News From Terre Haute, Indiana

9/11: 10th Anniversary Coverage

September 9, 2011

Ten years removed, 9/11 attack on NYC remains on minds of many (see VIDEO)


Staying alive

As the church and its neighborhood slowly recovered, one vestige of the catastrophe stood beside St. Peter’s.

A steel beam, still bolted to a sheared-off crossbar, was uncovered in the rubble two days after 9/11. It resembled a cross, and became a source of inspiration for workers searching for victims. In 2006, the “Ground Zero Cross” was placed in front of St. Peter’s wall along Church Street, causing passers-by to often stop for photographs. It remained there until July 23, when it was moved to the new WTC site and lowered by crane into the 9/11 Museum, along with other relics of the damage, such as a fire engine, ambulance, subway car, and a staircase from one of the towers.

The church has commissioned an artist to craft another cross, Madigan said, using metal recovered from old towers, to stand in place of the Ground Zero Cross.

Like the steel cross, businesses that survived suffered wounds.

The pall cast by the attacks pervaded the city in those tense days, weeks and months afterward. Resolute New Yorkers urged each other to keep frequenting restaurants and pubs, even as tourism dipped. Amy Smith and Barry Lewtas visited New York for the first time in December 2001 as 20-year-old tourists from Liverpool, England. Now 30, Smith and Lewtas returned in July to get married. They found an obvious change in atmosphere a decade later.

“Everywhere we went [in 2001], in the windows of restaurants and bars, there were posters saying, ‘Eat out, fight back,’ because I think people were scared and the economy suffered. So everybody was staying home,” Smith said, standing outside the 9/11 Memorial Preview Site, catacorner from Ground Zero. “But it seems totally different now. Quite positive, I think.”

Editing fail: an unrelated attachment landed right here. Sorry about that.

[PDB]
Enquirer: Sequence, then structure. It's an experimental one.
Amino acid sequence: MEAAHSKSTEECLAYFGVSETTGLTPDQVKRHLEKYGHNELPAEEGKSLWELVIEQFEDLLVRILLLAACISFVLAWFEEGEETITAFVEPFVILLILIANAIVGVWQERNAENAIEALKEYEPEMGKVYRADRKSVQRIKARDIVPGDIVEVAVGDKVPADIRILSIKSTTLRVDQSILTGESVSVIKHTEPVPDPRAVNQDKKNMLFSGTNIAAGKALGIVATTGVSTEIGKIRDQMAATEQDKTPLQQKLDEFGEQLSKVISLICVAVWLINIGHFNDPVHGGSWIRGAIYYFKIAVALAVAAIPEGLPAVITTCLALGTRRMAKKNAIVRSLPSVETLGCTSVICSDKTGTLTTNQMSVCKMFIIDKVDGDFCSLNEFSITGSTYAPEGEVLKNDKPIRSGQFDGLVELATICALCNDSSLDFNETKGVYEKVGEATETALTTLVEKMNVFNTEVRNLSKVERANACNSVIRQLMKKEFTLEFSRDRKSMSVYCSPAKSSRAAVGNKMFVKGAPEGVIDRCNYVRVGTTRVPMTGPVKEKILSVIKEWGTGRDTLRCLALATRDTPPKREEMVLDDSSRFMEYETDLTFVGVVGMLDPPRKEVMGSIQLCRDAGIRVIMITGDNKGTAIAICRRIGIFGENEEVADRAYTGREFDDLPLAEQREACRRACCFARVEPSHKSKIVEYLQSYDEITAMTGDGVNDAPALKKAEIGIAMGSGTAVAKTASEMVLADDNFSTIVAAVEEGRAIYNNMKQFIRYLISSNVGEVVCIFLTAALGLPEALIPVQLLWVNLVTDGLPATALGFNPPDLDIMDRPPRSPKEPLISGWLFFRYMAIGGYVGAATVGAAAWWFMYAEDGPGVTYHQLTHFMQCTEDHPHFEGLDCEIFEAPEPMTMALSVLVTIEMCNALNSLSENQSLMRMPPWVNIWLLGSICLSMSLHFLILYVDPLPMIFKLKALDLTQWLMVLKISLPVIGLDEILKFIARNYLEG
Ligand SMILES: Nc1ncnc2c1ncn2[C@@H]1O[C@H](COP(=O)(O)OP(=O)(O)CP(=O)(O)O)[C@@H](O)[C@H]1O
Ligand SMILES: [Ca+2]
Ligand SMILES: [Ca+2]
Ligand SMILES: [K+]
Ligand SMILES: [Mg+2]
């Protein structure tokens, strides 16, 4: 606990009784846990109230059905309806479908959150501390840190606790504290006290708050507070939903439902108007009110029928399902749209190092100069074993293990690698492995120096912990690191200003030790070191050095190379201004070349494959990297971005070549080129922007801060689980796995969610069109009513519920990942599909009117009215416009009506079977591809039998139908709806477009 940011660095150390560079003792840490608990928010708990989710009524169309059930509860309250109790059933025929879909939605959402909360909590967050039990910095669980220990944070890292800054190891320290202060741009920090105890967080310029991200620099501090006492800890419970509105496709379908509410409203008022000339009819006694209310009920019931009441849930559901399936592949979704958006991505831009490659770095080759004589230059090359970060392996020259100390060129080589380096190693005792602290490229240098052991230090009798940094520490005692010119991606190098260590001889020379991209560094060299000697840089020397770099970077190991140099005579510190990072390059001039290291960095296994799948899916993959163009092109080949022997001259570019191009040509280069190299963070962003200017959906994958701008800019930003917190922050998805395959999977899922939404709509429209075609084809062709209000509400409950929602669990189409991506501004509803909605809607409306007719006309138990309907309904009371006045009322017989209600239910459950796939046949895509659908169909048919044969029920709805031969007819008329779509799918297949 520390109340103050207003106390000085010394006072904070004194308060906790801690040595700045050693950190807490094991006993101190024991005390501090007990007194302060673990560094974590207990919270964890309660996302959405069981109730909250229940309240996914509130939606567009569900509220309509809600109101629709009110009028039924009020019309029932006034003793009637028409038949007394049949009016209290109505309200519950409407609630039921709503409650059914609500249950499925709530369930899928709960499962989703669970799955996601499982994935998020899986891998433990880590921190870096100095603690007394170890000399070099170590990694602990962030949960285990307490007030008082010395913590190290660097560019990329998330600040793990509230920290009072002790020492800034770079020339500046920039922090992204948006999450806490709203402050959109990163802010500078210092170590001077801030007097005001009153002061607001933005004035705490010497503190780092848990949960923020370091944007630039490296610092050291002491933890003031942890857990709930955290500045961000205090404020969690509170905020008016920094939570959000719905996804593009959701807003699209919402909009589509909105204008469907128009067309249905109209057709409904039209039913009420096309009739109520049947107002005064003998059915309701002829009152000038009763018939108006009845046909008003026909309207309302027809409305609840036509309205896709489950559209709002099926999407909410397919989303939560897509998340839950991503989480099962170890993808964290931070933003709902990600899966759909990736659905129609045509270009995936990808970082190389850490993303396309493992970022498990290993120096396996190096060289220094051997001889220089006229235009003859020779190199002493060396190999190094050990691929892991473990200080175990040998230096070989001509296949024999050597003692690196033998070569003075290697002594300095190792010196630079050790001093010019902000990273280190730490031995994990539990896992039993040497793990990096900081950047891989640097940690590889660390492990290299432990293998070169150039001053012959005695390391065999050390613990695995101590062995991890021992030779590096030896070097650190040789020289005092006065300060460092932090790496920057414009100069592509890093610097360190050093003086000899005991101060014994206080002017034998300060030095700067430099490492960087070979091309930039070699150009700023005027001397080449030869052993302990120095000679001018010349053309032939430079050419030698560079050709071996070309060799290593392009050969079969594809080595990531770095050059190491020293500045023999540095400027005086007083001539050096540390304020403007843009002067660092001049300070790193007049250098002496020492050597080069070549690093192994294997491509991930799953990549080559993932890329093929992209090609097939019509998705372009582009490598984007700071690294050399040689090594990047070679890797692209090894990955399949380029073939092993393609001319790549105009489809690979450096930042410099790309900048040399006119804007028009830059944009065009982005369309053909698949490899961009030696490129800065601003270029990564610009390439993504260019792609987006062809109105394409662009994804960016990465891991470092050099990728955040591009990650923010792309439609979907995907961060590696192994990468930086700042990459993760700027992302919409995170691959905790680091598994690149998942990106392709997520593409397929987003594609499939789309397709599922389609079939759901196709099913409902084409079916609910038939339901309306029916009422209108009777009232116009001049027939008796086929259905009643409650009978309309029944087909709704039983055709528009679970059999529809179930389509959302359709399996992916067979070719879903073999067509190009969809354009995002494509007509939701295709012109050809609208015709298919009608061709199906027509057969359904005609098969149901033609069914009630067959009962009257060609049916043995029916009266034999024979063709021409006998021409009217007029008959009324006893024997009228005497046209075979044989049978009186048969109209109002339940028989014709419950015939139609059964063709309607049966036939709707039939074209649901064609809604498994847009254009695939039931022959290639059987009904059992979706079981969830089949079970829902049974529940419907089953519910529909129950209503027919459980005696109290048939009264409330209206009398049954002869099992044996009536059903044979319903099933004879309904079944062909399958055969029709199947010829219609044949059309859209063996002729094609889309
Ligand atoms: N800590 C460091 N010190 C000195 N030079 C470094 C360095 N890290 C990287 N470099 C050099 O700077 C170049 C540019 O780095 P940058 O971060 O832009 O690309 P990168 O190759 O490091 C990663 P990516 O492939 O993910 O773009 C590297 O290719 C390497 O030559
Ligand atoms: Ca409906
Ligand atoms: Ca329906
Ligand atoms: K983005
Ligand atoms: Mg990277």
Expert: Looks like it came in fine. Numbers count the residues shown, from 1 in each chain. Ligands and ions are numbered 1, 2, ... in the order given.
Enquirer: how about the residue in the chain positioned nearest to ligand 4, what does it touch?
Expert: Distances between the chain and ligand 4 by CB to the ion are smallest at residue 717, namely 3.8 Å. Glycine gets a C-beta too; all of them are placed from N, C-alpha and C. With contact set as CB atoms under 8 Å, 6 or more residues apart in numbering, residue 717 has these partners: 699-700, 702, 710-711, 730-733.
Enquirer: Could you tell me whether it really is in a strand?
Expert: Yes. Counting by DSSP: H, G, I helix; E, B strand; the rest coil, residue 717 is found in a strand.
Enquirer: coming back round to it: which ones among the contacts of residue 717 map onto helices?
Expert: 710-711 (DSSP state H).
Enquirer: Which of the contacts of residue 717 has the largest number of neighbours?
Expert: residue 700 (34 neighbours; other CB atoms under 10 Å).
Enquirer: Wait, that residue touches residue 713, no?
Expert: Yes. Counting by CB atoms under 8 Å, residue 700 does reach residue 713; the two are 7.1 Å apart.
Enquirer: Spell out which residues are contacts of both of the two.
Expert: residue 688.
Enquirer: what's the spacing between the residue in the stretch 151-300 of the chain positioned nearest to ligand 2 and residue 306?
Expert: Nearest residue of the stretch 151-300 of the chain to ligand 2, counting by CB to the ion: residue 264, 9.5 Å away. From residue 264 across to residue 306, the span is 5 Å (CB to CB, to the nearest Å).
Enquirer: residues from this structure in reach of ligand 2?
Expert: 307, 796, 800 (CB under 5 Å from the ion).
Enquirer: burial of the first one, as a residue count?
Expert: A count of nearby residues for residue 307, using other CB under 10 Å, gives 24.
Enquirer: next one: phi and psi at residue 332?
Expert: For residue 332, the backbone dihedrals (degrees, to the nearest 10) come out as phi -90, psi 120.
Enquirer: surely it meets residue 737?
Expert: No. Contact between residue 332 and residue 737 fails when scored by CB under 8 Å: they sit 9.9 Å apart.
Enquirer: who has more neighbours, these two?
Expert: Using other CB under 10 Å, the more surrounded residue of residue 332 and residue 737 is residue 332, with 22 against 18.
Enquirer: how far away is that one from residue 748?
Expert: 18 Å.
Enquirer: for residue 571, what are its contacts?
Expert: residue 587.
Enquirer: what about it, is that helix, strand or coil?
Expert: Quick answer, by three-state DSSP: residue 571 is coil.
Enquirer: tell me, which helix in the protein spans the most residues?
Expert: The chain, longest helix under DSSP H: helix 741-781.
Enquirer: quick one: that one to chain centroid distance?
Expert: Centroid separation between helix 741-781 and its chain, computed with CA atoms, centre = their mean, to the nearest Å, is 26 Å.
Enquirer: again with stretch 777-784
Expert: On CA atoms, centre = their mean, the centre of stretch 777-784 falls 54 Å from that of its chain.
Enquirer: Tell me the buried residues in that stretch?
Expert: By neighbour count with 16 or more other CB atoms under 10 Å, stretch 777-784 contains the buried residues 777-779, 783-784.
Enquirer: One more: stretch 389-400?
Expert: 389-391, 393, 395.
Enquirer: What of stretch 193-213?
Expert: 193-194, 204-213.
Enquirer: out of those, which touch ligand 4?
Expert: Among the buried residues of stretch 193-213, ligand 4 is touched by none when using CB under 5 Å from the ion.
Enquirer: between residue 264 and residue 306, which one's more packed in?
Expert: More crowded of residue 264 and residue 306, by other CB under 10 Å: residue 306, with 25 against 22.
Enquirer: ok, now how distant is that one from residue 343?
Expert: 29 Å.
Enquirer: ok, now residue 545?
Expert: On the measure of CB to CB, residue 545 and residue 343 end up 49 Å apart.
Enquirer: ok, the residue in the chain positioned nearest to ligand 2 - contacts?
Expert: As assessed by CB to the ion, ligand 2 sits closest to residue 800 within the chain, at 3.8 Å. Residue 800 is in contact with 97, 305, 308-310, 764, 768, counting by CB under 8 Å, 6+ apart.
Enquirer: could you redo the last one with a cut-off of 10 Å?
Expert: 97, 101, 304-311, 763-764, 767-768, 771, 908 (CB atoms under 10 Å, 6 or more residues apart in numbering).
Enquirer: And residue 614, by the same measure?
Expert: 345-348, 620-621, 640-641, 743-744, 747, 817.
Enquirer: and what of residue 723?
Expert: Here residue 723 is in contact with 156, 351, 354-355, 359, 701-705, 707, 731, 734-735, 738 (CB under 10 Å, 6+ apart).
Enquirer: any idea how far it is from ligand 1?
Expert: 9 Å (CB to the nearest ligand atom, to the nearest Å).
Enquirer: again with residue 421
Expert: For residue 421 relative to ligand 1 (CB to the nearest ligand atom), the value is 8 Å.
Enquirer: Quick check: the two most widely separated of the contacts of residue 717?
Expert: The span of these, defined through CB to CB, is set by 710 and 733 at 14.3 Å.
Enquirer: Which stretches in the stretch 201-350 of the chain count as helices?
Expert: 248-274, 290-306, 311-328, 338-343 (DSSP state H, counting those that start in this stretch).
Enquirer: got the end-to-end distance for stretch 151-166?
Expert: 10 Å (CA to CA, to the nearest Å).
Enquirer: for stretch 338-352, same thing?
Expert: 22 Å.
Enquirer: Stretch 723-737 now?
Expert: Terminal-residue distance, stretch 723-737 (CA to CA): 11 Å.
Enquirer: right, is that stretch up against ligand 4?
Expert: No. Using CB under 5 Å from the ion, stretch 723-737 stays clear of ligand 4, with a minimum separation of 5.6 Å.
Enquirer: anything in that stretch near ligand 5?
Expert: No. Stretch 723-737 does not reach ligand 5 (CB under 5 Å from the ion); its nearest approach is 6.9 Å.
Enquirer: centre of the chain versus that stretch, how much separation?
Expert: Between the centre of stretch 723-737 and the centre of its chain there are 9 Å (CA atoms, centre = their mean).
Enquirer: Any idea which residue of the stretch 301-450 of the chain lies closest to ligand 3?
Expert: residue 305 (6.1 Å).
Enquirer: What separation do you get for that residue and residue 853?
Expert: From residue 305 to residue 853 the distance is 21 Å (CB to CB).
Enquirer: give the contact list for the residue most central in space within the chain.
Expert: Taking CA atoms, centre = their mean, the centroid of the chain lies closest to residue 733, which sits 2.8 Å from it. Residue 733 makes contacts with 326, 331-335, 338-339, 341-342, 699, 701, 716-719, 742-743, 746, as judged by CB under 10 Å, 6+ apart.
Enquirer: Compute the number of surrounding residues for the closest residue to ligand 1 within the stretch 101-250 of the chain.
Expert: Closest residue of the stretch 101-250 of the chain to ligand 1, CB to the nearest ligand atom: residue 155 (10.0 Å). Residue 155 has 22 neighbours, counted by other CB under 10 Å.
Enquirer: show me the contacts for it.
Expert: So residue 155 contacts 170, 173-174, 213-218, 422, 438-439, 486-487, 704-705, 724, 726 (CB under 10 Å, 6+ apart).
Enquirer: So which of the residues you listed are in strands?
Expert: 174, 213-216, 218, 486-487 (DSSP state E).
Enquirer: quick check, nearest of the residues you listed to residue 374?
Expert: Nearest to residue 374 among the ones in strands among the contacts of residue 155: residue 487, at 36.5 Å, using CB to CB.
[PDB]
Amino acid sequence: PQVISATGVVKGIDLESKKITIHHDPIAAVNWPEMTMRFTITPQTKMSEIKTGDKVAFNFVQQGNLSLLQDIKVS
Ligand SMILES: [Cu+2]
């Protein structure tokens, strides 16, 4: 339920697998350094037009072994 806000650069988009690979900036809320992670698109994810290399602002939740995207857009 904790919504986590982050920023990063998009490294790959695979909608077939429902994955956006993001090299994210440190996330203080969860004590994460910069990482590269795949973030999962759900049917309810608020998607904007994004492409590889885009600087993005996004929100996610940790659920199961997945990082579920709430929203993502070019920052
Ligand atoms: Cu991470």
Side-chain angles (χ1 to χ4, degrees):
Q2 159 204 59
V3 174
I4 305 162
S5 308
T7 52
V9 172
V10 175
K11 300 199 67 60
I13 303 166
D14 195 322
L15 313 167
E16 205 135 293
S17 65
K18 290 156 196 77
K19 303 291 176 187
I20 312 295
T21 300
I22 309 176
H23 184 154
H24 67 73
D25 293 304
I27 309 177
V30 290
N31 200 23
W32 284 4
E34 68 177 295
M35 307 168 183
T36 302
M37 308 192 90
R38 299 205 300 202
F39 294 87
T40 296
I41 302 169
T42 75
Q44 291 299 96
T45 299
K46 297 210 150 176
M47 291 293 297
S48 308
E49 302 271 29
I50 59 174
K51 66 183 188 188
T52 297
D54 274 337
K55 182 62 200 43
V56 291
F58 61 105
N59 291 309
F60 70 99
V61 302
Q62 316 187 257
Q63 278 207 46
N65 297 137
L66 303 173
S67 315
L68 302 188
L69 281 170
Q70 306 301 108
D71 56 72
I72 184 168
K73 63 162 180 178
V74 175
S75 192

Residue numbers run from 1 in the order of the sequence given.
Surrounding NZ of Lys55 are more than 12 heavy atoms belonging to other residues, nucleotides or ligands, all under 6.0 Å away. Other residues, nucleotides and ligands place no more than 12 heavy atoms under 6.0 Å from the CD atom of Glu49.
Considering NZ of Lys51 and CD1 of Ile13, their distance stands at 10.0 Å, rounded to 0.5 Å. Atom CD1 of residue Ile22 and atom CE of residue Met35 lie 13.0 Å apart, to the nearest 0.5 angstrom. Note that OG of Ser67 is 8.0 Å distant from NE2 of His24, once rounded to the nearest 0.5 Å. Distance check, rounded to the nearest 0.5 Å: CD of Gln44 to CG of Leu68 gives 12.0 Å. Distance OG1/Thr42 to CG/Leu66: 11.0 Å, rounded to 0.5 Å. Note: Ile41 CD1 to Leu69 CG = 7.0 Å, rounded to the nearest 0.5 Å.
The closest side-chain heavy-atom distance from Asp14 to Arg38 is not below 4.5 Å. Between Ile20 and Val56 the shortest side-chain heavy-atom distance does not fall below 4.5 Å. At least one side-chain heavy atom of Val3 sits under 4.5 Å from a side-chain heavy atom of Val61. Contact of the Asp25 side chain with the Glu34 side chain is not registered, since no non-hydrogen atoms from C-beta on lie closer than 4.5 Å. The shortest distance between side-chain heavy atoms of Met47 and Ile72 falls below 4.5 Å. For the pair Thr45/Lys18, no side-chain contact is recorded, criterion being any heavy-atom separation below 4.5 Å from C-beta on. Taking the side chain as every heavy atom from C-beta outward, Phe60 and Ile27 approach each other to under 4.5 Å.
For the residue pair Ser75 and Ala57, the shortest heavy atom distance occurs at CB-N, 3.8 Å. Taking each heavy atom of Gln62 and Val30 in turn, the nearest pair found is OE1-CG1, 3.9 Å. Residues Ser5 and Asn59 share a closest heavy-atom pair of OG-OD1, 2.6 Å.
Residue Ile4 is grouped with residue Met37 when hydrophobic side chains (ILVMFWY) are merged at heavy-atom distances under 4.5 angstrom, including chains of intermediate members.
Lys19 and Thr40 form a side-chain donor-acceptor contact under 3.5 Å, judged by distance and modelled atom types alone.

The staff of O’Hara’s Restaurant & Pub remembers when “everybody was staying home.” Today, it’s lively, with “a mixed crowd. Just bankers, brokers, construction workers,” said bartender Brian McCabe, while serving two of the latter. “All walks of life come in here. [But] very few construction workers, ’cause we’re a little high-class for that.” He and the two construction workers, sipping a Heineken and a Michelob Ultra, laughed loudly at his quip.

But 10 years ago, the prime source of O’Hara’s clientele — the Twin Towers, where an estimated 50,000 people worked and visited daily — had instantly been reduced to a smoldering, grief-filled abyss. Some regulars no longer had a place to work. Some regulars died on 9/11. “I lost a good 40 to 50 people I knew,” said bartender Brian McCabe.

The 70-year-old Irishman from the Bronx wears eyeglasses low on his nose. His gray hair is short-cropped, and his accent thick. He’s poured drinks, told stories and dispensed advice at O’Hara’s for 40 years. Those following the terrorist strikes were unlike any others. “There was no business here for two years afterward,” McCabe said, folding his arms and leaning on the shiny, dark wood of the bar. “It was terrible.” By 6 o’clock on a Saturday night, in “the city that never sleeps,” O’Hara’s was often empty.

“I don’t know how we stayed in business,” McCabe said.

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9/11: 10th Anniversary Coverage
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